from System import DateTime
default = Excel.XlRangeValueDataType.xlRangeValueDefault
cell.Value[default] = DateTime.Now
print cell.Value[default] # prints 01/06/2007 15:38:10 (for me)


Excel exposes a number of events that we might be interested in - for example, we can ask to be notified when a workbook is changed. To do this we need to add an event handler to the event we're interested in.

This is a little more fiddly in the case of COM objects, because they expose events on a separate interface to their main one (this is referred to as the 'source' interface - COM Interop Exposed Part 2 has more information on this). If, for example, you have a workbook for which you'd like to receive the SheetChanged event, you need to cast it to the corresponding Excel.WorkbookEvents_Event interface first. In C# this is handled for you, but in IronPython we need to use the Python idiom for calling superclass methods.

Say we have a simple handler for the SheetChange event:

# the SheetChange event handler should accept the sheet and the range that changed
def onSheetChange(sheet, changedRange):
   print "%s!%s changed" % (sheet.Name, changedRange.Address[False, False])

What we want to express is this:

workbook.SheetChange += onSheetChange # doesn't work

But the Worksheet interface doesn't have the SheetChange event. Instead it's on the WorkbookEvents_Event interface. So we need to add the handler 'through' the interface, but with the workbook instance we have.

The trick is to realise that the line:

obj.Event += handler

... is actually implemented behind the scenes in .NET as:


... and in Python that method call is really:

<obj's class>.add_Event(obj, handler)

So we can add the handler like this:

Excel.WorkbookEvents_Event.add_SheetChange(workbook, onSheetChange)

Now if you change the value of a cell in the workbook, you should see a line which indicates which cell was changed.

We remove the handler in the same way:

Excel.WorkbookEvents_Event.remove_SheetChange(workbook, onSheetChange)

As another event example, you might want to prevent the user from closing a workbook. Excel.Application provides a WorkbookBeforeClose event that can be used to prevent the workbook from being closed. The reference says that the event handler will be called with the workbook being closed, and a boolean passed by reference that can be set to True to cancel closing the workbook.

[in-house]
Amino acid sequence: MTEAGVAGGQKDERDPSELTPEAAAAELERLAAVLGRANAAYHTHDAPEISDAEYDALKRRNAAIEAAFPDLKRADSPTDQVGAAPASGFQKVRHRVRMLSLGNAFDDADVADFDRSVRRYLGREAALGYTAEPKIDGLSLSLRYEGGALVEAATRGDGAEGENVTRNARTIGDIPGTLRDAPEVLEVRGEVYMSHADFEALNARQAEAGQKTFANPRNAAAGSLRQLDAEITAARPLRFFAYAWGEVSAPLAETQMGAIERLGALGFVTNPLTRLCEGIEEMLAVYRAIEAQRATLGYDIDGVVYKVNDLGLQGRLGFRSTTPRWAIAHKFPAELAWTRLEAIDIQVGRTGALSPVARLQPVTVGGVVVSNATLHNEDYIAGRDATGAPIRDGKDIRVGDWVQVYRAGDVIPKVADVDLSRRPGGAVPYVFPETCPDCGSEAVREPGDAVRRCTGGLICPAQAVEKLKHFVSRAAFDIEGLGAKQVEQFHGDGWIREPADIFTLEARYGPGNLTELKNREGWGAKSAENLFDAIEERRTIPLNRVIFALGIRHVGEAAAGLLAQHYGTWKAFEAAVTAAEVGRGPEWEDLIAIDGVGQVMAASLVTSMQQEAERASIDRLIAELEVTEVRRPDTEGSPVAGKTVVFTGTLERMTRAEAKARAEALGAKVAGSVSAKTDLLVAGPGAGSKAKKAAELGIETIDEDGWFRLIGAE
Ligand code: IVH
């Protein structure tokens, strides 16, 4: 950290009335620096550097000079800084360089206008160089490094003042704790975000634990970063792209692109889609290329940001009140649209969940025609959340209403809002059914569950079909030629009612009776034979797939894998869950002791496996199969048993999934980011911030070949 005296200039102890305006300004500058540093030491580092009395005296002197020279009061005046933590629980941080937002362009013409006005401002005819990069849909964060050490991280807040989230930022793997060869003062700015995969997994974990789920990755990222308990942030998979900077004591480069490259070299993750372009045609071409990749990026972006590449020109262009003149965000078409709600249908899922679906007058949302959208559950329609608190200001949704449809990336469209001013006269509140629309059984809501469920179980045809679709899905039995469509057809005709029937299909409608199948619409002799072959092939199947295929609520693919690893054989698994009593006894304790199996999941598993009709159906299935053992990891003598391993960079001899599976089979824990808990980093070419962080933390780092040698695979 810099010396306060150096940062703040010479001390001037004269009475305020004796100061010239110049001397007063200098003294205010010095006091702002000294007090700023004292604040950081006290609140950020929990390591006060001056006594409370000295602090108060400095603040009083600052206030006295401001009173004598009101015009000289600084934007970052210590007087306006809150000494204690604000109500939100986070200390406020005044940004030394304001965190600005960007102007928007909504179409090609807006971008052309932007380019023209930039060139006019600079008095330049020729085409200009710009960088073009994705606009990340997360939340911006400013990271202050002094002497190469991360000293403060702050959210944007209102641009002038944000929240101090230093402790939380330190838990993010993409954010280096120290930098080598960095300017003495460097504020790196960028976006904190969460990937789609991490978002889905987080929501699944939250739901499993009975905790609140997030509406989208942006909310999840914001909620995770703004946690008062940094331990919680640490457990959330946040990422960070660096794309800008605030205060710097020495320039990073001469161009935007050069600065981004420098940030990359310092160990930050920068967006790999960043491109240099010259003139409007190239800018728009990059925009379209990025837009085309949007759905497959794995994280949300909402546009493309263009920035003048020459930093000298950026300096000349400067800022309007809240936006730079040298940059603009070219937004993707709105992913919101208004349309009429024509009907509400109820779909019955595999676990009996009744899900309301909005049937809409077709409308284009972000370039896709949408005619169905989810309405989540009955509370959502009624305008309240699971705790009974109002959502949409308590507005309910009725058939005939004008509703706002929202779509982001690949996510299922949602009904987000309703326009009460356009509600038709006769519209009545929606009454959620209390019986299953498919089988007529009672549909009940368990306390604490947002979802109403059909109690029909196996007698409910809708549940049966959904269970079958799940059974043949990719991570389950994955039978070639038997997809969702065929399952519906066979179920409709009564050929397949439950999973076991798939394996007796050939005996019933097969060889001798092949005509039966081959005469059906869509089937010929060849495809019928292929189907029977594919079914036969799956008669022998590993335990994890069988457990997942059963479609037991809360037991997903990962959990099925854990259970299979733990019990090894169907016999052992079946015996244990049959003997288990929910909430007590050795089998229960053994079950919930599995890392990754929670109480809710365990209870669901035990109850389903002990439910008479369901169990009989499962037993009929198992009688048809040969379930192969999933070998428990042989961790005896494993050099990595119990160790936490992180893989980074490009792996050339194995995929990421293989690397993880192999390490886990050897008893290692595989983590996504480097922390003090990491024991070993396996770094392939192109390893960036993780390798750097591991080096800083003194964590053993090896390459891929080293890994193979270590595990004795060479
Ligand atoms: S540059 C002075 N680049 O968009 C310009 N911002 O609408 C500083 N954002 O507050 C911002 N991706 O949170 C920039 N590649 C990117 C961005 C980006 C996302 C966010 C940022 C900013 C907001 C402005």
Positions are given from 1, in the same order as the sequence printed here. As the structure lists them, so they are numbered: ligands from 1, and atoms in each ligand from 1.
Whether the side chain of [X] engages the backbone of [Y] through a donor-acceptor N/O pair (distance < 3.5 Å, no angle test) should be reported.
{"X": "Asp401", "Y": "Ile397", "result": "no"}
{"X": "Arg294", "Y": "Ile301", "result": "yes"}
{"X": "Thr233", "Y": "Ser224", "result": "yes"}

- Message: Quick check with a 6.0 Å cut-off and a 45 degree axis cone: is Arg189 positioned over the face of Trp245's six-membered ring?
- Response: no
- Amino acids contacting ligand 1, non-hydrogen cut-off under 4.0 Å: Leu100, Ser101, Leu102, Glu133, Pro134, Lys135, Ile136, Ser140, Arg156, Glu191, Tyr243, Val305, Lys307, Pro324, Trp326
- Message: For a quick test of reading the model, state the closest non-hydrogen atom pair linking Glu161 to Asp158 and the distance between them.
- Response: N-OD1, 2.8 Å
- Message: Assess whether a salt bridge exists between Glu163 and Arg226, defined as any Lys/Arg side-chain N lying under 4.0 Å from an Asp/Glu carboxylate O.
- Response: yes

def onWorkbookBeforeClose(workbook, cancel):
    print "you can't close this workbook!"
    # IronPython ensures that arguments that are declared as passed by reference
    # arrive as Reference objects. These are updated by setting their .Value property.
    cancel.Value = True

# Application events are exposed by the AppEvents_Event interface
Excel.AppEvents_Event.add_WorkbookBeforeClose(excel, onWorkbookBeforeClose)

# Any attempts to close a workbook in the Excel instance will now be thwarted...

# ...which could definitely be annoying.
Excel.AppEvents_Event.remove_WorkbookBeforeClose(excel, onWorkbookBeforeClose)

Incidentally, if you need to pass ByRef arguments into a method, you can construct one using the clr.Reference generic type:

ref = clr.Reference[int](42)

Finding Stuff

The VBA Language reference provides all the information you need to drive Excel, but it's in VBA, unfortunately. Once you're familiar with the differences between how things are done in VBA and how they work in IronPython, you should be able to interpret the documentation.

An important extra source of information is the interactive interpreter - if in doubt, import the Excel namespace at the command line, and use dir() on things to find out what methods and properties are available. This was especially useful for me when trying to understand how events worked - finding the *Events_Event interfaces with all of the events on them was my "Aha!" moment. (Well, that and some extremely useful pointers from Dino Viehland.)

Excel 2003 VBA Language Reference:

Useful articles about .NET COM Interop: